Review By Mark L Lehman,American Record Guide,July 2011
William Mathias (1934–92) is a Welsh composer who wrote in a modern but tradition-based idiom with affinities to Britten and Walton as well as such continentals as Prokofieff, Stravinsky, and Bartok. His music is beautifully crafted and offers sharply-profiled themes, enriched-but-tonally anchored harmonies, transparent textures, vivid colors, vital (and often syncopated) rhythms, strong forward drive, clear formal logic, and immediate emotional appeal. Mathias quickly gained popularity in England, and though he is less often heard elsewhere, most audiences respond to him readily when they come across his works in concert or on records. I certainly do. There are many recordings, ranging from symphonies (three of them), many concertos, and much vocal music to a considerable
The two mature violin sonatas date from 1962 and 1984. Both are marvelous works that instantly grab the listener with bold, memorable ideas charged with dramatic urgency and nervous excitement. These are nicely played off against slower lyrical ideas that shimmer with sensuous, evocative mystery. Sara Trickey and Iwan Llewelyn-Jones play Mathias with muscular precision and verve, and are captured in appropriately bright, ultra-clear sonics that put a dazzling shine on his ringing, iridescent harmonies. As a bonus they add the first-ever recording of an early violin sonata that dates from 1952 when Mathias was still a teenager. The composer considered it immature and rejected the idea of its publication. The style is (for Mathias) somewhat old-fashioned and romantic, and clearly indebted to Howells, Ireland, Bax, and Bridge; in addition there are a few iffy spots where one wonders if the structural proportions are in perfect balance. But still, this is a distinguished and considerable sonata (with a nifty fugue in the finale) that many a fully formed composer would be happy to acknowledge, and I’ve no doubt that many will admire and enjoy hearing it, as I did.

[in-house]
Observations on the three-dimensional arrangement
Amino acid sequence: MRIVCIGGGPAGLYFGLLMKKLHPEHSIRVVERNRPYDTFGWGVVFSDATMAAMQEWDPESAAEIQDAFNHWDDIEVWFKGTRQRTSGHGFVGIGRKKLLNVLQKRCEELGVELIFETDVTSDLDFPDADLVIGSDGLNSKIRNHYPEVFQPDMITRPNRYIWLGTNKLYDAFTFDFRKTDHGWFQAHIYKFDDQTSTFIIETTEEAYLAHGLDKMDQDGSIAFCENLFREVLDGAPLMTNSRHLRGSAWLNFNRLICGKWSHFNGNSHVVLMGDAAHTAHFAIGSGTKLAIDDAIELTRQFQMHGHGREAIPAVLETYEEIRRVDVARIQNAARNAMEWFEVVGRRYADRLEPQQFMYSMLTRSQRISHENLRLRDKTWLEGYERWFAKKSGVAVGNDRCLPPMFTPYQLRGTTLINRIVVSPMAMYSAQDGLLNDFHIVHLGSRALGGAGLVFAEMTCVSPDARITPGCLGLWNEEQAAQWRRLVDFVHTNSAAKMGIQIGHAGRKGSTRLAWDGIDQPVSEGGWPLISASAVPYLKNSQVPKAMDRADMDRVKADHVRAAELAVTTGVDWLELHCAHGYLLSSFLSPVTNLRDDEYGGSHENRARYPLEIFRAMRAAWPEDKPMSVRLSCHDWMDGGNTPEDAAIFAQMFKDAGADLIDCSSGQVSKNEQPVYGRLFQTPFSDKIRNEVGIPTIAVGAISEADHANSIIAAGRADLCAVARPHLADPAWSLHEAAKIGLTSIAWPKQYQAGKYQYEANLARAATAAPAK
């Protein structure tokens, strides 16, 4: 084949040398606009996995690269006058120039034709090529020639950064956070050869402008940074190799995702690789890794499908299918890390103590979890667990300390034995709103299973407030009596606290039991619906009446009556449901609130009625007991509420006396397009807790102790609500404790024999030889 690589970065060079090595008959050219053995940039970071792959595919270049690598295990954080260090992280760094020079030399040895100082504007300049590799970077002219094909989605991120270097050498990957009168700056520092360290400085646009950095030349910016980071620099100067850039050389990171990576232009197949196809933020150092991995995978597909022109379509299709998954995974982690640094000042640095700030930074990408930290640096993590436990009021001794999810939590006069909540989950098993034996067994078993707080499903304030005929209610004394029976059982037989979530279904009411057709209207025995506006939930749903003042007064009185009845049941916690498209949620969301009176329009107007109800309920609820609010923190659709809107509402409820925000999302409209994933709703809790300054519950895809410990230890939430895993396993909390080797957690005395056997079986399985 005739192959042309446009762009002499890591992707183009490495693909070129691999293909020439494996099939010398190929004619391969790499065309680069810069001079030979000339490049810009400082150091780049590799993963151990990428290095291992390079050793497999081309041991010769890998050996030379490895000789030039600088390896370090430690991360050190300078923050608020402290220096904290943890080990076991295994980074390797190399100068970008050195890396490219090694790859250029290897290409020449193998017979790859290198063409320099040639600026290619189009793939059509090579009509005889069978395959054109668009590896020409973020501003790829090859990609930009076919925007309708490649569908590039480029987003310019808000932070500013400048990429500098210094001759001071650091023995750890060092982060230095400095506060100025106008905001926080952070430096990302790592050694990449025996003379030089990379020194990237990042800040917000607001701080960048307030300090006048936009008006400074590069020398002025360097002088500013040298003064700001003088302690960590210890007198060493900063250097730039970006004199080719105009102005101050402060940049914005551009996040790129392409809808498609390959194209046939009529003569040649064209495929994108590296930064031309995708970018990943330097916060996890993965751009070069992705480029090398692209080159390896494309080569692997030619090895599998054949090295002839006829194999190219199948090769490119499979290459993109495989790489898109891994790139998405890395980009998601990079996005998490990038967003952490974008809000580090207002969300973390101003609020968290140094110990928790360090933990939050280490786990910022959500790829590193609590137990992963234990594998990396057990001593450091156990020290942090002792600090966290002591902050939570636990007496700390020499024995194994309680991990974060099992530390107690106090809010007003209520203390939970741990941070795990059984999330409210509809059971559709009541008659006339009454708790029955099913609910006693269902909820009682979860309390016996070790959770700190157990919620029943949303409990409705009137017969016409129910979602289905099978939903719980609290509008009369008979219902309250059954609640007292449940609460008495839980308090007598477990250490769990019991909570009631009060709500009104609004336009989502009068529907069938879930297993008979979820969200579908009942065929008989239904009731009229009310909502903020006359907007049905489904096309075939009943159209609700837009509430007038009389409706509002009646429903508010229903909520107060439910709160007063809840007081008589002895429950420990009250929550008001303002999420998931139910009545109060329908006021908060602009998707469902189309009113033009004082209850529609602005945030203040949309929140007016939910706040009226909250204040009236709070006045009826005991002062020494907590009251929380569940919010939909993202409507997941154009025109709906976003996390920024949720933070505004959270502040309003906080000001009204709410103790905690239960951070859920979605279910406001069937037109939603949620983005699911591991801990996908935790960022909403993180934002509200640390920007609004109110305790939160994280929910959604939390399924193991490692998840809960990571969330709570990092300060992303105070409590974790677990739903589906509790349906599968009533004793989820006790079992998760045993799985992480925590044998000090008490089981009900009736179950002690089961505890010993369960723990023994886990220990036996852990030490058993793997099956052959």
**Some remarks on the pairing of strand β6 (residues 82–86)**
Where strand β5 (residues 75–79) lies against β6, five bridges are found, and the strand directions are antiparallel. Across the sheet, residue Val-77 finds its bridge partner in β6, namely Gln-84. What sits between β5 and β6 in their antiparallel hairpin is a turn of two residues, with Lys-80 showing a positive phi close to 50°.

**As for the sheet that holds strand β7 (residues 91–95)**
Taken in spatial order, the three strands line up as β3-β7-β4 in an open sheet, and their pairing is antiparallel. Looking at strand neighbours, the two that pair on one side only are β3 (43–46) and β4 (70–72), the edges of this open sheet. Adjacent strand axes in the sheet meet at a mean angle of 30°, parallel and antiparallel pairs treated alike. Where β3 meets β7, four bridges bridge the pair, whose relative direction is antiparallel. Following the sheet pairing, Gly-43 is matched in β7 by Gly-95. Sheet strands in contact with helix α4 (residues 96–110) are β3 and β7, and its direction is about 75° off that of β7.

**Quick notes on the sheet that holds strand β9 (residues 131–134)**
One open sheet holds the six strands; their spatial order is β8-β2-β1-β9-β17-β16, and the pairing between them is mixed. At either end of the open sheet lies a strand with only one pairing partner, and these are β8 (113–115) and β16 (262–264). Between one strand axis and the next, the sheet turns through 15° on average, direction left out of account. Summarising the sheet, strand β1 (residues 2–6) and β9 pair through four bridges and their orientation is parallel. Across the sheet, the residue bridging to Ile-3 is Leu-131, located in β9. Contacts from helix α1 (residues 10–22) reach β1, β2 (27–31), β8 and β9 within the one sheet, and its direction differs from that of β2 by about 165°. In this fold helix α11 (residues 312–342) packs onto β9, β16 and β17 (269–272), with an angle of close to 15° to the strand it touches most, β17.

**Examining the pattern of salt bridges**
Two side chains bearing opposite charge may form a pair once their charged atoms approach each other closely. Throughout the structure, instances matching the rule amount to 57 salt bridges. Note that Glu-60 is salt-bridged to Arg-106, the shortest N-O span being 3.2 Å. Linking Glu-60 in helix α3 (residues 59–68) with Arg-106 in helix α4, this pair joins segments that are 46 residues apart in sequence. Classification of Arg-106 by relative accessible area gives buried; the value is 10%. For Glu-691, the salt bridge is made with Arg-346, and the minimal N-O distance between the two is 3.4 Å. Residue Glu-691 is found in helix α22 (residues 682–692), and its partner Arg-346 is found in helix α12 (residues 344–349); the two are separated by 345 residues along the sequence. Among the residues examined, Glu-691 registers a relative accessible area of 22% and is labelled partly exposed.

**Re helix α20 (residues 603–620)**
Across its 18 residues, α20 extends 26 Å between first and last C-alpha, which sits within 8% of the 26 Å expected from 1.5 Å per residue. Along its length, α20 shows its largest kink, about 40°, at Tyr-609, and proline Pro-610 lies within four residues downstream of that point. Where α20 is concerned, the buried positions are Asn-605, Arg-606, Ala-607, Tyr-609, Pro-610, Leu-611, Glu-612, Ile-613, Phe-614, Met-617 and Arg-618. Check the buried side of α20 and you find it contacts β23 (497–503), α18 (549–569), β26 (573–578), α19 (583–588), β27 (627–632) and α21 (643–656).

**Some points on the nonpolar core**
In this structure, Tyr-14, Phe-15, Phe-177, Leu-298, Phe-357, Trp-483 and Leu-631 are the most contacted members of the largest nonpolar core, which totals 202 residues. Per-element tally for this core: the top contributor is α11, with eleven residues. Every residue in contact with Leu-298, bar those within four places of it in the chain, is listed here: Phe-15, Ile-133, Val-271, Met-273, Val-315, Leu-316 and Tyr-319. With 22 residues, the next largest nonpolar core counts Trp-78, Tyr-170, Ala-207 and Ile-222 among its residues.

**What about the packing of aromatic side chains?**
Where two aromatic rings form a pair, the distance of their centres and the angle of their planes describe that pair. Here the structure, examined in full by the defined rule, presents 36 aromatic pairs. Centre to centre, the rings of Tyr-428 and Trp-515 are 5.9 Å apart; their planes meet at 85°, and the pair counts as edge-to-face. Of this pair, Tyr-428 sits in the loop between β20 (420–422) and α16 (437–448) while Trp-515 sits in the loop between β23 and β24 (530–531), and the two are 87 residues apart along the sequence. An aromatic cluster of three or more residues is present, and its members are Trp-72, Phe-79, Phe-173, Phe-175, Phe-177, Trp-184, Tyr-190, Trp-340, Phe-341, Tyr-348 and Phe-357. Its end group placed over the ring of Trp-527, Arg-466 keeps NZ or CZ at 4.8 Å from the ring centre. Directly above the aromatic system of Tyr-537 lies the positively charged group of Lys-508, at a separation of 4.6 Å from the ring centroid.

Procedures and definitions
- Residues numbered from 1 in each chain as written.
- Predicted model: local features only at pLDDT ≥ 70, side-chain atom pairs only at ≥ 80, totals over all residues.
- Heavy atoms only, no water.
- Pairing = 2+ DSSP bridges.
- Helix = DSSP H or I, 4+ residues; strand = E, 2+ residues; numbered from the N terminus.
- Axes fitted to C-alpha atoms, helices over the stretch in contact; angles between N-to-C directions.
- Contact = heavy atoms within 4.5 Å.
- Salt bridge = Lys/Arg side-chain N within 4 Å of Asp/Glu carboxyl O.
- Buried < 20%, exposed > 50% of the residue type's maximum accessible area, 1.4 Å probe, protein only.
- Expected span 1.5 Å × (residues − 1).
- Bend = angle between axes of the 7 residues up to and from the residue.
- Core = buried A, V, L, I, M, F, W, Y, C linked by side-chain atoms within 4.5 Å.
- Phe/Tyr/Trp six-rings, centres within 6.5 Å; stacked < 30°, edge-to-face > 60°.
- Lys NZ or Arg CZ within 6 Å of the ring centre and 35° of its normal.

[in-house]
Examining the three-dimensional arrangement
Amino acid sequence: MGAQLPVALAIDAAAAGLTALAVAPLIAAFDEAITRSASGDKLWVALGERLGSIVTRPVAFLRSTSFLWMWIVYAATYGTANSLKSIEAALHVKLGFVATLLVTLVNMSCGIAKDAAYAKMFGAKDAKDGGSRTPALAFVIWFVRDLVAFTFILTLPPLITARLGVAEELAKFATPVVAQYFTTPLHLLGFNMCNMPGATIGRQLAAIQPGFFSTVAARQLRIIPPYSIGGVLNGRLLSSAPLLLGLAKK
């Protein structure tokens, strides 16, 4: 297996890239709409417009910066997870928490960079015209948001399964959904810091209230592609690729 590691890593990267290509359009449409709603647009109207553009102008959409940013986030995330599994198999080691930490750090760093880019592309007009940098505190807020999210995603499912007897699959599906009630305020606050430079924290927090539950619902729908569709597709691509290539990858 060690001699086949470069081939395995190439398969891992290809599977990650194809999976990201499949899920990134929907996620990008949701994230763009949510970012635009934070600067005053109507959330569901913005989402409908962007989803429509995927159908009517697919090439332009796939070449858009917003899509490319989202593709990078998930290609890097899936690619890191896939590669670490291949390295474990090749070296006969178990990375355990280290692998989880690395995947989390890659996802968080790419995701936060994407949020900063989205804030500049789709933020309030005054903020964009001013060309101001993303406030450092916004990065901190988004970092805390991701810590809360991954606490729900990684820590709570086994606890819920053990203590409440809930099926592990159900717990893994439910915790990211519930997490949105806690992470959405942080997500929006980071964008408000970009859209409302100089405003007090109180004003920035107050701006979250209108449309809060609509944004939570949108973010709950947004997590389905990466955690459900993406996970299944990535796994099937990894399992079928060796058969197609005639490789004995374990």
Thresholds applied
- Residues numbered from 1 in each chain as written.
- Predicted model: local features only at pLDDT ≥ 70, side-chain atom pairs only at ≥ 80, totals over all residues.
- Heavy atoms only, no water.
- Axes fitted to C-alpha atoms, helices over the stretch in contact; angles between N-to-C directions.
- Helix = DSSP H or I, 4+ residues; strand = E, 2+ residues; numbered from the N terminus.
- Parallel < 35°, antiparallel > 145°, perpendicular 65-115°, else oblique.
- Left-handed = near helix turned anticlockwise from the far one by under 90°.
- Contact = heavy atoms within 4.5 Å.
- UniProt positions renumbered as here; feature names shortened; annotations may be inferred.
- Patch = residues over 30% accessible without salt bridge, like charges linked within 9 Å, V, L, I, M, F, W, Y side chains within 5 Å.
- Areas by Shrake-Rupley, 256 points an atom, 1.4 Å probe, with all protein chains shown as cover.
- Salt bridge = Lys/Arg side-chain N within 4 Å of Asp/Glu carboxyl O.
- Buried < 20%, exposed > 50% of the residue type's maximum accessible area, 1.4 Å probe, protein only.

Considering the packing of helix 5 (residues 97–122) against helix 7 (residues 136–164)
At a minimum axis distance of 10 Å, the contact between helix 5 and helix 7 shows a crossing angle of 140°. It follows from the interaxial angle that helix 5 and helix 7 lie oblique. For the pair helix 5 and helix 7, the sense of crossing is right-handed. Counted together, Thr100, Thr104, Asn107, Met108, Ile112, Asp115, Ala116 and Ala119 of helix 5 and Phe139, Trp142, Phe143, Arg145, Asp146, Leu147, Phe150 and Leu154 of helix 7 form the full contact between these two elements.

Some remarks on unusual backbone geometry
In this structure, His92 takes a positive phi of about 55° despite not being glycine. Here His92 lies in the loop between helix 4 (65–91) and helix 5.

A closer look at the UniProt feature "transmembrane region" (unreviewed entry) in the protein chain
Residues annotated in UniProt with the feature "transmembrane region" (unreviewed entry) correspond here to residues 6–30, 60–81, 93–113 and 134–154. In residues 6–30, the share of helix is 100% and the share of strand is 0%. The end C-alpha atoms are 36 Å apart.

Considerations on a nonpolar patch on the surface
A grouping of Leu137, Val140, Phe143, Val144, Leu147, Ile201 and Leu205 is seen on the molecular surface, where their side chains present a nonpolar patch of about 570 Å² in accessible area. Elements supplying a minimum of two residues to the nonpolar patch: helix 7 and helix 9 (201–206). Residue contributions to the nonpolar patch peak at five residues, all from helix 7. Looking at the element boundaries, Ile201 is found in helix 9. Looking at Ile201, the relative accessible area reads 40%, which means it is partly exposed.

Collectors may want to know that Mathias’s two mature sonatas are also on Koc…along with his First Piano Trio and some shorter pieces. That’s very well played but not nearly as vividly recorded as this new Naxos. The trio is well worth having, though, so dedicated fans of this composer (like me) will want both releases.